• Ernst, Carl W. “Persecution and Circumspection in Shattari Sufism.” In Islamic Mysticism Contested: Thirteen Centuries of Debate and Conflict. Edited by Fred De Jong and Berndt Radtke, 3–7. Islamic History and Civilization. Leiden, The Netherlands: E. J. Brill, 1999.

    E-mail Citation »

    This is a short chapter that deals with the persecution of Muhammad Ghawth of Gwalior because of the ecstatic statements that he made regarding his spiritual status. Such an event tells much about the characteristics style of the Shattariya in its early formation in India. This understanding is useful in finding out the later transformation of the order, especially when it spread to the Hejaz and then the Southeast Asian regions, including Indonesia.

  • Ernst, Carl W. “Situating Sufism and Yoga.” Journal of the Royal Asiatic Society 15.1 (2005): 15–43.

    DOI: 10.1017/S1356186304004675E-mail Citation »

    This article argues that some Sufi teachings, in India in particular, were clearly influenced by yoga, and the Shattariya probably did the most to integrate yoga into their practice, especially regarding the mantra. Muhammad Ghawth of Gwalior was the most influential Shattari master to include yoga, which became a significant element in the Shattariya.

  • Ernst, Carl W. “Traces of Šattari Sufism and Yoga in North Africa.” Oriente Moderno XCII.2 (2013): 361–367.

    E-mail Citation »

    This article traces the origins of adaptation of yogic teachings into Shattari practices in North Africa in the mid-19th century through al-Silsabīl al-maʿin, a work written by a prominent North African Sufi teacher, Muhammad al-Sanusi (d. 1859).

  • Kraus, Werner. “The Shattariyya Sufi Brotherhood in Aceh.” In Aceh: History, Politics and Culture. Edited by Graf Arndt, Schröter Susanne, and Edwin Wieringa, 201–226. Singapore: Institute of Southeast Asian Studies, 2010.

    E-mail Citation »

    This chapter deals with a historical and anthropological survey on the dynamics of the Shattariya Sufi order in Aceh, the northern part of Sumatra, until the contemporary era, through mapping of the existence of its followers in several rural areas of Aceh. It includes a short biography of the early figures of Shattariya in India and Haramayn, including Muhammad Ghawth of Gwalior, Wajih al-Din al-ʿAlawi, Sibghatullah, Abu al-Mawahib al-Shinnawi, al-Qushashi, and al-Kurani.

  • Laffan, Michael. The Makings of Indonesian Islam: Orientalism and the Narration of a Sufi Past. Princeton, NJ: Princeton University Press, 2011.

    E-mail Citation »

    This is a book that provides discussion and analysis of the historical factors that have contributed to the current formation of Islam in Indonesia. Among his wide range of discussion, the author devotes his great attention to Sufism and Sufi orders, including the Shattariya, as one of the the key trends in Indonesian Islam, and part of the important elements that have developed faces of Islam in the region.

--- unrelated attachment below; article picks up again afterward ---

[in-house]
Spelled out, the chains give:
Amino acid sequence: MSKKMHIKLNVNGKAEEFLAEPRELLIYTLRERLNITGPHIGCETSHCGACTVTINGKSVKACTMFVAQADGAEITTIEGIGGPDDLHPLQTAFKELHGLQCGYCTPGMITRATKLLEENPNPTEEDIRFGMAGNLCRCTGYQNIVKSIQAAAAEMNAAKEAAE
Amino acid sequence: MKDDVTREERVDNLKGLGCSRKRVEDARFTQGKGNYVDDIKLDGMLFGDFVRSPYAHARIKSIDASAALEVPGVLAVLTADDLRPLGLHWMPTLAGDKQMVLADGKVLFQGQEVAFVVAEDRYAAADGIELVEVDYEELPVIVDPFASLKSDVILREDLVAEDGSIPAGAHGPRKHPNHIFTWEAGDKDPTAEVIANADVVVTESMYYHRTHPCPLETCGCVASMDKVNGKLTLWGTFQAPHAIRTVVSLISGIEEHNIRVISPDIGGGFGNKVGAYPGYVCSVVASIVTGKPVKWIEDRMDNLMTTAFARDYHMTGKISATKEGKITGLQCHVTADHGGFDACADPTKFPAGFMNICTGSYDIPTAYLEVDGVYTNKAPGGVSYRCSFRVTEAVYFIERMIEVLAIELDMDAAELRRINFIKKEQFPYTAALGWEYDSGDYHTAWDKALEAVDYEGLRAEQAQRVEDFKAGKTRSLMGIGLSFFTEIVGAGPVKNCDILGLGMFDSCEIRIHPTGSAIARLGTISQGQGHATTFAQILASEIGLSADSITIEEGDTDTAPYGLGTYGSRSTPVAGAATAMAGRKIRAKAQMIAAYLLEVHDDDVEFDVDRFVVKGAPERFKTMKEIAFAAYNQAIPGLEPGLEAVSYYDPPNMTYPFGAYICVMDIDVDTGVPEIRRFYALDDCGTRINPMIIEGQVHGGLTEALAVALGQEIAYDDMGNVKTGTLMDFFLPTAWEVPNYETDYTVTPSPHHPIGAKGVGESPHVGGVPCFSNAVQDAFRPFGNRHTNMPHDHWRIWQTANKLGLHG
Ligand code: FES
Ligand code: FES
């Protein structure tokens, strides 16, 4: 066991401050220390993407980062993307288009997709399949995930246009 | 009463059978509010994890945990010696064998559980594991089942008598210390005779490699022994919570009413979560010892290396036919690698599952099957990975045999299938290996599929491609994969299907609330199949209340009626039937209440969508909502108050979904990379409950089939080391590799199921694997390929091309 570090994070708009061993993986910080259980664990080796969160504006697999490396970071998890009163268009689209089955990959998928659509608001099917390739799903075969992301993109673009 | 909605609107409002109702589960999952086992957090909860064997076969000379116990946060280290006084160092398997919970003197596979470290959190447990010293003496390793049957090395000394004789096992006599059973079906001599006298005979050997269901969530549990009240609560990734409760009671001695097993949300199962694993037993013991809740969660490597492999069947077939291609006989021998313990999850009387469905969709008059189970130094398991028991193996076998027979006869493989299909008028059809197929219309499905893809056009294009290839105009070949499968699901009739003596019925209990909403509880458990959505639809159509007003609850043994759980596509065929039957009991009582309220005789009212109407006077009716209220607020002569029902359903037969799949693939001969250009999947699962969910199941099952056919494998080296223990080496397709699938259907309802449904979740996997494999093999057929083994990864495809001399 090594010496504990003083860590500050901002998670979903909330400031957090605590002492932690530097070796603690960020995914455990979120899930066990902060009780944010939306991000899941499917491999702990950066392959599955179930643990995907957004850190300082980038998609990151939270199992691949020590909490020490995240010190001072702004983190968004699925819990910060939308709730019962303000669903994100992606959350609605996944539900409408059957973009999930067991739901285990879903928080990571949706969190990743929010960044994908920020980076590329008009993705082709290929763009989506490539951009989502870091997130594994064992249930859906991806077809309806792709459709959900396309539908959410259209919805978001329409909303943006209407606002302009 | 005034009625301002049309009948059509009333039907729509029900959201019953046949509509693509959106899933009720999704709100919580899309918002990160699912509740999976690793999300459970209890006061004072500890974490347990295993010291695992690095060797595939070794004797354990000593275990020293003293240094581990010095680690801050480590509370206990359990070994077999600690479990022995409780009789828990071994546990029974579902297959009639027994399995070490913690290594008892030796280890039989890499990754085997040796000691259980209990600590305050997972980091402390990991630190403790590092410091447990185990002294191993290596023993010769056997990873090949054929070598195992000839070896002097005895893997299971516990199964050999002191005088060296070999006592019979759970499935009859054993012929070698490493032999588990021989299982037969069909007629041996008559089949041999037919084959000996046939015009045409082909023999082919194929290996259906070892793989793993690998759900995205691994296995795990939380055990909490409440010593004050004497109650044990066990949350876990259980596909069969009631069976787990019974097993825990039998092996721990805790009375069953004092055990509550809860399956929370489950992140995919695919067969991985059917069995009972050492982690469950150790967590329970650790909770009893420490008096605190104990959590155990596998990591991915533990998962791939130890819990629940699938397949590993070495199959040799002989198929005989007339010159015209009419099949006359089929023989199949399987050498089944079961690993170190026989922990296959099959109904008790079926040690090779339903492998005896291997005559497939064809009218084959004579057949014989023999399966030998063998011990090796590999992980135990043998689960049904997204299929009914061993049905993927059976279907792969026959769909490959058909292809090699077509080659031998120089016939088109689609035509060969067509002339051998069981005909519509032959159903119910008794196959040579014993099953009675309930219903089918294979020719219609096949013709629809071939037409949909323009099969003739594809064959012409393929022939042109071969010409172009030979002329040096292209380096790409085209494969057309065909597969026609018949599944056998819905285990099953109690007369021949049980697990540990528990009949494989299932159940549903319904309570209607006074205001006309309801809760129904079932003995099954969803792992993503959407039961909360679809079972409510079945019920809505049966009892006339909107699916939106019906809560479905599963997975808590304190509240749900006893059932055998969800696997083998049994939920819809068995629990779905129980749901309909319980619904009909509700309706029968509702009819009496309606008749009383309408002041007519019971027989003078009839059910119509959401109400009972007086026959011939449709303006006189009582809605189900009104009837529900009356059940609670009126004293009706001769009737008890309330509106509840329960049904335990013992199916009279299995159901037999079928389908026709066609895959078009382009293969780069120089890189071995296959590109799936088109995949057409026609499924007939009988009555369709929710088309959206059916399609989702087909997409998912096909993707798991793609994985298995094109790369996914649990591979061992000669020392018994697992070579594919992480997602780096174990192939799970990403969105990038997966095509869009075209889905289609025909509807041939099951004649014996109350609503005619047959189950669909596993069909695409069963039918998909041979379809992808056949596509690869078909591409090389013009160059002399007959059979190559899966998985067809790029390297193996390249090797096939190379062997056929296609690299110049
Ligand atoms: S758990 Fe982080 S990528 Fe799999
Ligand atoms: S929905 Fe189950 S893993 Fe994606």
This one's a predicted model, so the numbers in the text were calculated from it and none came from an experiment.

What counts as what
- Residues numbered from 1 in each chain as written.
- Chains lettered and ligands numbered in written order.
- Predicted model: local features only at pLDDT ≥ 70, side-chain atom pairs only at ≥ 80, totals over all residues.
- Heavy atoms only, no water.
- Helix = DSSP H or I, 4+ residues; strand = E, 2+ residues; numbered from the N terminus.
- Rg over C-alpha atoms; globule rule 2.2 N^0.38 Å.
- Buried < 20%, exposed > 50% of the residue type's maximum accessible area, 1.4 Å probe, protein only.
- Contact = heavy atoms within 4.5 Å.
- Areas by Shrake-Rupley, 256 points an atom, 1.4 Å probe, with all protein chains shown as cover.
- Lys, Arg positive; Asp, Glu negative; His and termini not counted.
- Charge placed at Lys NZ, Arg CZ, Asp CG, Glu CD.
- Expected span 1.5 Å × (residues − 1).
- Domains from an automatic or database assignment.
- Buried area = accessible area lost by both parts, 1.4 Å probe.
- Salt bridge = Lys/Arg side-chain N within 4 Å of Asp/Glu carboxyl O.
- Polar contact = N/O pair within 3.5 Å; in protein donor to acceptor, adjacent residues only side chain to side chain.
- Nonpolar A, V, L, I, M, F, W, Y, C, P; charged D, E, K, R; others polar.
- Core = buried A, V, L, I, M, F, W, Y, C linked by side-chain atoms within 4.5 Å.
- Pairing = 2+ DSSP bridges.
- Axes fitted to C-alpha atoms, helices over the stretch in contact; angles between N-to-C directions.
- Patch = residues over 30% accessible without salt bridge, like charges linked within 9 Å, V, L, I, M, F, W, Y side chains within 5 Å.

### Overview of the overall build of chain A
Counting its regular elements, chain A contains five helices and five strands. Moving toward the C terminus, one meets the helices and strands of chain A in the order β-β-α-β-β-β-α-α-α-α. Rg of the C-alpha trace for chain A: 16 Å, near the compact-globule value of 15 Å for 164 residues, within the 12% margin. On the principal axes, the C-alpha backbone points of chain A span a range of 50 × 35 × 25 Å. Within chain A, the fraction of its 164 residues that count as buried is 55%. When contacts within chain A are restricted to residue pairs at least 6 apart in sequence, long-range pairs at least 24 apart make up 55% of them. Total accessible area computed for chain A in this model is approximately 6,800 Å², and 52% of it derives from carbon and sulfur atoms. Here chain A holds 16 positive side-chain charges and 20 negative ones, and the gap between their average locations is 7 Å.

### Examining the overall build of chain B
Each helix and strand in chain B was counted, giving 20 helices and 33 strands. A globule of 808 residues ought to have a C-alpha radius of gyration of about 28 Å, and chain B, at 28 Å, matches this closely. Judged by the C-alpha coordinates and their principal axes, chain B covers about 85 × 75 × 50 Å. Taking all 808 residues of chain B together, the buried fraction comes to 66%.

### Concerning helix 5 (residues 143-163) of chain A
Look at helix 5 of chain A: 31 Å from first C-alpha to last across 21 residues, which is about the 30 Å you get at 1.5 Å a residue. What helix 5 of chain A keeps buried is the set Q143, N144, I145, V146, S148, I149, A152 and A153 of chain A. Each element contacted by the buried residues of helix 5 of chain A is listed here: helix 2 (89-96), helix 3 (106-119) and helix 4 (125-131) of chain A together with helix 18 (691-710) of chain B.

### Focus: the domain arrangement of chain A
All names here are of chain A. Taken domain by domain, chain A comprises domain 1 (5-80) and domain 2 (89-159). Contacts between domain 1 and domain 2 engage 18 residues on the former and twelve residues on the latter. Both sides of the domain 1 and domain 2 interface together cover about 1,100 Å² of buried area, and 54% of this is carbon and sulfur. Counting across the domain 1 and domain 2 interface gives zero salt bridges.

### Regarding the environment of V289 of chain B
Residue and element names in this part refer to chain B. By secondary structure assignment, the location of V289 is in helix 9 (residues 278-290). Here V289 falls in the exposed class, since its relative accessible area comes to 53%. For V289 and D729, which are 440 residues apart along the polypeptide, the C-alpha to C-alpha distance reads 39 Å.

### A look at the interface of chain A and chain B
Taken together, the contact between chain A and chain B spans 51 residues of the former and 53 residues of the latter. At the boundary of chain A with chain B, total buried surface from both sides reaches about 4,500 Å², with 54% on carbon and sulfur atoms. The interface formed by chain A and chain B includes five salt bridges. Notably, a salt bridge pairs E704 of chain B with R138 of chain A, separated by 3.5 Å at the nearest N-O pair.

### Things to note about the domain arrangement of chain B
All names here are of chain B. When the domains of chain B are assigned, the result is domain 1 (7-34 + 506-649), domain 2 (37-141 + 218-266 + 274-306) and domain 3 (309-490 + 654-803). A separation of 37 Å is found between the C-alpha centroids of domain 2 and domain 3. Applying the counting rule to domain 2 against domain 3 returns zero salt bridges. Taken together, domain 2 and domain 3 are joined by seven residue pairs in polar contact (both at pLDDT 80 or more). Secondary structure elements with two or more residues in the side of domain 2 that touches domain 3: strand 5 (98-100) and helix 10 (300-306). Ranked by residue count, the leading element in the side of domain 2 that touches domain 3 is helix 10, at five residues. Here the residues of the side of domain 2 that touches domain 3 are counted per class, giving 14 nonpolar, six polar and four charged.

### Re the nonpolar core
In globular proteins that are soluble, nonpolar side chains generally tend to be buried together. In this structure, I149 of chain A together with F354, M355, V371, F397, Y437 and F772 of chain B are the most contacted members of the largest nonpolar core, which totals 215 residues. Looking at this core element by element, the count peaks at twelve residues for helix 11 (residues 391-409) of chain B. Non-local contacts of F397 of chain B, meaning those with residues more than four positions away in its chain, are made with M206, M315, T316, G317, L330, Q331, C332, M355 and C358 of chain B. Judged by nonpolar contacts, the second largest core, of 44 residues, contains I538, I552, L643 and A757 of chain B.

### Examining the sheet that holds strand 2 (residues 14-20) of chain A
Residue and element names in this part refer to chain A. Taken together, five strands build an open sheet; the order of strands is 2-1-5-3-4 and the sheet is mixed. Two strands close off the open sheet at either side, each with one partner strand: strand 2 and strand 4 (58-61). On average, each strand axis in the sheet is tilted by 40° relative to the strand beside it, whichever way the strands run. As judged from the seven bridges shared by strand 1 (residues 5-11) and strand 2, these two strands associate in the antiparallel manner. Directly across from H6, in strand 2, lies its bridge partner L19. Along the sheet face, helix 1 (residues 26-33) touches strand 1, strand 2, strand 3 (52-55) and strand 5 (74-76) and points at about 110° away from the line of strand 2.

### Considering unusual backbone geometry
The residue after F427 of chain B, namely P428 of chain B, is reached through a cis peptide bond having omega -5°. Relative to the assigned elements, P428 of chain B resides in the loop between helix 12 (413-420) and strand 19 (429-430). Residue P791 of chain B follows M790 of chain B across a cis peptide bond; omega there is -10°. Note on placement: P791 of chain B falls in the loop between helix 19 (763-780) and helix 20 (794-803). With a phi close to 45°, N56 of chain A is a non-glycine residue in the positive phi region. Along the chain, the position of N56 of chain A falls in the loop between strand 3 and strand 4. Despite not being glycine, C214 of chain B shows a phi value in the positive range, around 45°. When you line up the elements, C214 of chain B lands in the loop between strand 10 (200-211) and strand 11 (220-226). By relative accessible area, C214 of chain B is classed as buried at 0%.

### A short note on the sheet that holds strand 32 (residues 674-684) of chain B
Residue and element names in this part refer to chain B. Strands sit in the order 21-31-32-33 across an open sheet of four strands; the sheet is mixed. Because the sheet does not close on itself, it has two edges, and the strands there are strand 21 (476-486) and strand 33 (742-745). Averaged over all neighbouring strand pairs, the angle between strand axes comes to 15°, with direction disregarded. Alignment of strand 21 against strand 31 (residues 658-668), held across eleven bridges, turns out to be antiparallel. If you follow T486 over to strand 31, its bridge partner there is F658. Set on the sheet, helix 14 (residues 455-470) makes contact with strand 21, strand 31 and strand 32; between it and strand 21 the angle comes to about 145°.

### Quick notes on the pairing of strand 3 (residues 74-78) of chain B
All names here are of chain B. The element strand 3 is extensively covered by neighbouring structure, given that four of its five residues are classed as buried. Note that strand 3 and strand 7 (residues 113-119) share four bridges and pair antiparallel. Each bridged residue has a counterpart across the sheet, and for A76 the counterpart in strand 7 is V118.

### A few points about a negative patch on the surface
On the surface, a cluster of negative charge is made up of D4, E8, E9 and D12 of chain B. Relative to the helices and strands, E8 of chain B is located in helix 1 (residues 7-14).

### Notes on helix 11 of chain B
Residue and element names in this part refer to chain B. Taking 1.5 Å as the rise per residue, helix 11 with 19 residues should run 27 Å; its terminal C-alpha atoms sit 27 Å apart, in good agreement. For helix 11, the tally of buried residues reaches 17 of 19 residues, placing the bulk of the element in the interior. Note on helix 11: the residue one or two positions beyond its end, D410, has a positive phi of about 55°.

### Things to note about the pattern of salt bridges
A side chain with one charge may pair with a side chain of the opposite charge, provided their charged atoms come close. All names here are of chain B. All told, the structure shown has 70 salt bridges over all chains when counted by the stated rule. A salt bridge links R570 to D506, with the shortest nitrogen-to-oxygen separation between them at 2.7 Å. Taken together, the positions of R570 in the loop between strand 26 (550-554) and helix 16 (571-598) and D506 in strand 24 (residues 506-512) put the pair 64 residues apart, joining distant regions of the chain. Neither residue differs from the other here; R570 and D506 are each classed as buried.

• Rizvi, Saiyid Athar Abbas. A History of Sufism in India. Vol. 2. New Delhi: Munshiram Manoharlal, 1983.

    E-mail Citation »

    This second volume of Rizvi’s book contains information on the history and origins of several Sufi Orders, including Qadiriya, Shattariya, Naqshbandiya, and Chistiya, developed in India, while the first volume traces the history of early Sufism in India in general, and its impact on Indian society. Based on primary sources of Arabic, Persian, Urdu, and Hindi, the author suggested a strong interaction between Hindu and Muslim communities of Sufi orders.

  • el-Rouayheb, Khaled. Islamic Intellectual History in the Seventeenth Century: Scholarly Currents in the Ottoman Empire and the Maghreb. Cambridge, UK: Cambridge University Press, 2015.

    DOI: 10.1017/CBO9781107337657E-mail Citation »

    Provides a critical discussion on the discourse of the Islamic intellectual history of the 17th century of the Islamic world, including the important roles of the figures of the Shattariya and Naqshbandiya Sufi orders in presenting and rehabilitating the more extravagant and controversial ideas of the mystical teachings of Ibn ʿArabi. His subchapter on “The Shaṭṭāri order in the Hejaz” suggested the important role of Muhammad Ghawth in spreading the Shattariya in Hejaz.

  • van Bruinessen, Martin. “The Origins and Development of Sûfî Orders (Tarekat) in Southeast Asia.” Studia Islamika 1.1 (1994): 1–23.

    DOI: 10.15408/sdi.v1i1.864E-mail Citation »

    This article provides a general picture of the major roles of Sufism and Sufi orders since the beginning of early formation of Islamization of Southeast Asia. It is highlighted that Mecca and Medina were the center from where the orders came to this region. The two prominent mystics in Medina, Ahmad al-Qushashi (d. 1660) and Ibrahim al-Kurani (d. 1693) were among the reasons some Indonesian disciples have a strong preference for the Shattariya.

back to top

Users without a subscription are not able to see the full content on this page. Please subscribe or login.

How to Subscribe

Oxford Bibliographies Online is available by subscription and perpetual access to institutions. For more information or to contact an Oxford Sales Representative click here.